The present simple tense varies according to whether it is being used with a third person singular subject or other subjects.
In this lesson we will look at:
It is important to be aware of the third person singular (he/she/it) and other subjects (you/we/they) when forming the present simple because the form of the tense varies according to this:
The formation of the tense will also vary according to whether you are using the affirmative, negative, or a question.
The 3rd person singular refers to the following subjects:
The present simple tense table below shows you how the formation will vary according to the affirmative, negative, or a question. You'll see we need to add an '-s' to the verb for affirmative statements, but we add in does / doesn't (auxiliary verbs) for negative statements and questions.
Note that questions can either be yes / no questions or have questions words. For example:
For many 3rd person verbs in the present simple tense, we add '-s':
However, typically if the verb ends in o, ss, sh, ch, x or z, we add '-es'
For verbs ending in a consonant plus -y, the -y is replaced with an i, then -es is added.
It should be noted at this point that with the question word 'who' in the present simple tense, we often do not use auxiliary verbs:
For the other subjects in the present simple tense (i.e. I, you, we, they), no '-s' is added to the verb, and we use do or don't for negative statements and questions.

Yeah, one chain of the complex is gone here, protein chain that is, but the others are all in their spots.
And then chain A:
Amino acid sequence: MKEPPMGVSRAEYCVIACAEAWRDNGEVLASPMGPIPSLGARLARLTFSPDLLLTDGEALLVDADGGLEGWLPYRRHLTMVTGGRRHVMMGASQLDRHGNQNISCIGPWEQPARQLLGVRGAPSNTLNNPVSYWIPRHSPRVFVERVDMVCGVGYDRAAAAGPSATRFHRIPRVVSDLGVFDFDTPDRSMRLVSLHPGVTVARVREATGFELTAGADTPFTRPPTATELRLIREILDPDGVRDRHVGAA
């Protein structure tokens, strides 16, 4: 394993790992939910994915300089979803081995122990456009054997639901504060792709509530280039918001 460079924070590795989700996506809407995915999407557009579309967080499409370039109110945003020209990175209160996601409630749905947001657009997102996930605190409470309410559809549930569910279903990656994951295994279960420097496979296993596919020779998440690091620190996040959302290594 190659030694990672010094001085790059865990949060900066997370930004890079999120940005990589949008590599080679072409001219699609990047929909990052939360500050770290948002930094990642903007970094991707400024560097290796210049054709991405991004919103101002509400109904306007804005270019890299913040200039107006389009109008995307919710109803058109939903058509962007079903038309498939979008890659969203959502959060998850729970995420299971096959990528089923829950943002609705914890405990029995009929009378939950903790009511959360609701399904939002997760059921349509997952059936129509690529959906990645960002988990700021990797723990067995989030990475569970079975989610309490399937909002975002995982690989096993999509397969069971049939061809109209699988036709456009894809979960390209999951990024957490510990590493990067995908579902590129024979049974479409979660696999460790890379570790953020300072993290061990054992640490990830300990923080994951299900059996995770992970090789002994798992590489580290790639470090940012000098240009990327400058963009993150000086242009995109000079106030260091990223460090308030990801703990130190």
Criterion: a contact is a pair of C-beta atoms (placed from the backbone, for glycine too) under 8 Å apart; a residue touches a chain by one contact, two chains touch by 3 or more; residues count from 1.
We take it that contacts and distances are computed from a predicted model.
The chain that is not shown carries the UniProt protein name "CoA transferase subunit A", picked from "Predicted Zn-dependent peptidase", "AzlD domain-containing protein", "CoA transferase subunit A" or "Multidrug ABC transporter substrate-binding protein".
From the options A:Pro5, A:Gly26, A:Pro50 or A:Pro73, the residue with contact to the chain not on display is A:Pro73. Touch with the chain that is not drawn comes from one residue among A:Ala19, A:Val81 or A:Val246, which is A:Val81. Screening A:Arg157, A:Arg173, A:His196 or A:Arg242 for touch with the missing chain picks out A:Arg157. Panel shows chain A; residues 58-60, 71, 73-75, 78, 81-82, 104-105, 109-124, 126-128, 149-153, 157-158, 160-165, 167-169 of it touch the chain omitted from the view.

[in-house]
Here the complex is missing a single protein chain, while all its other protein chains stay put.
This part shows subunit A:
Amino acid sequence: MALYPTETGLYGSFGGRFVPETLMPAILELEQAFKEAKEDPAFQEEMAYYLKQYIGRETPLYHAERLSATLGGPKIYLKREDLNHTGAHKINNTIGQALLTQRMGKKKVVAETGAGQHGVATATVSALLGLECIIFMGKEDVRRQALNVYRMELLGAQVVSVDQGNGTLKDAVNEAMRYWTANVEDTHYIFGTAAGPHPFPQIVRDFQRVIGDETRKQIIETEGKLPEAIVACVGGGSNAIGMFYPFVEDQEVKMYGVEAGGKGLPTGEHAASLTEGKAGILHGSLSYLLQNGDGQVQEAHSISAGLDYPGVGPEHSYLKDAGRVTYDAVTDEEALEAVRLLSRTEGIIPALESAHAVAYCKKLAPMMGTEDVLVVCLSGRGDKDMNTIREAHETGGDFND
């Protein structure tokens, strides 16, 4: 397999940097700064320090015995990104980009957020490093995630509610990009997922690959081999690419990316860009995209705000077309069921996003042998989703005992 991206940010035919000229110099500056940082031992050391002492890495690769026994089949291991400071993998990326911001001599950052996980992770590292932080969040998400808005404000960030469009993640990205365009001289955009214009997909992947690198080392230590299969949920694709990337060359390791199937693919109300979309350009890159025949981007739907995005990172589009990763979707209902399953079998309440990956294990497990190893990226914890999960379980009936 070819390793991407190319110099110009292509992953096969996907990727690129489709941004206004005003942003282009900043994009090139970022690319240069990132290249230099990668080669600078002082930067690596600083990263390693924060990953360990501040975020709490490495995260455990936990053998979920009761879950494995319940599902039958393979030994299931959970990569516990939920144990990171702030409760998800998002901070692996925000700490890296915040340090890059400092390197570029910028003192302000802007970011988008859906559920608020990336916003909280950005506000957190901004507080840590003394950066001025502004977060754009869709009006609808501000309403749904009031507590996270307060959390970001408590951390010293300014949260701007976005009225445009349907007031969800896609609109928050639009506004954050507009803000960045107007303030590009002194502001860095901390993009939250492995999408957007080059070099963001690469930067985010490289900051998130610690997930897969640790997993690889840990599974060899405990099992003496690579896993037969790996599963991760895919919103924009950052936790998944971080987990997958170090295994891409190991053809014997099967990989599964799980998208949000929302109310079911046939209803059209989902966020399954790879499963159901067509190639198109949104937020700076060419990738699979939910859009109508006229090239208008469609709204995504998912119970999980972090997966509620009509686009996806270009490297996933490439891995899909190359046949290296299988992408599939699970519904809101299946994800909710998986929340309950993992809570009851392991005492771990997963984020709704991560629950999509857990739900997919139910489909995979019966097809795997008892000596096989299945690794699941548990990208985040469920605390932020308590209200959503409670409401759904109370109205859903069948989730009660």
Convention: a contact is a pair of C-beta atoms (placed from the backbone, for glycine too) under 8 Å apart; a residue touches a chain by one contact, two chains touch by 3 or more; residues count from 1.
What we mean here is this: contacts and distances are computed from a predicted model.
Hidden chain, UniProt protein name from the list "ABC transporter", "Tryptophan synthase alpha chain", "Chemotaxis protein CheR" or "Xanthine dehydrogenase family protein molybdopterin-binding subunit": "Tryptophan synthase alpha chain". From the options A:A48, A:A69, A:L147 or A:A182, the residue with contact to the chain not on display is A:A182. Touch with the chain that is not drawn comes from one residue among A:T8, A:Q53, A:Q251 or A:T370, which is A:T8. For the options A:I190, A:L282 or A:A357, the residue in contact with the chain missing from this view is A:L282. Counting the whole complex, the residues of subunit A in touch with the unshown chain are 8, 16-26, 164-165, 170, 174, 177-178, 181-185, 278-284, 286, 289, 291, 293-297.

The verb to be follows a different pattern to other types of verbs. We still use the '-s' for third person singular (is) but we do not use do / does - rather we use is / am / are:
It should be noted that it is accepted to use 'aren't I' rather than 'am not I', even though this does not fit the grammar rules.
A common use of the present simple tense is to describe repeated events, or what we also refer to as habits and routines. It's quite common to use adverbs of frequency (e.g. always, often, usually etc) and expressions of repeated time (e.g. on Mondays, in the winter, every month) for habitual behaviour.
We also use the present simple tense for general facts, or things that are always true (or at least true at the time the fact is given).
The present simple tense is used to talk about states, or in other words with stative verbs. This is because we do not tend to use these verbs with the present continuous tense.
For instance, we can't say "I am having a headache". We say "I have a headache".
We can also use the present simple tense to talk about the future, either the fixed future, using phrases such as next week, tomorrow, at 5pm, or after time words (e.g. when, before, after) and after if and unless.
Though we usually use past tenses for stories or narratives about the past, very occasionally we use the present simple.
This is usually to tell a comic story or dramatic story, and using the present simple tense gives the story a sense of immediacy (making the person listening feel like they are there) or excitement.
Now practice or test yourself in this online Present Simple Quiz
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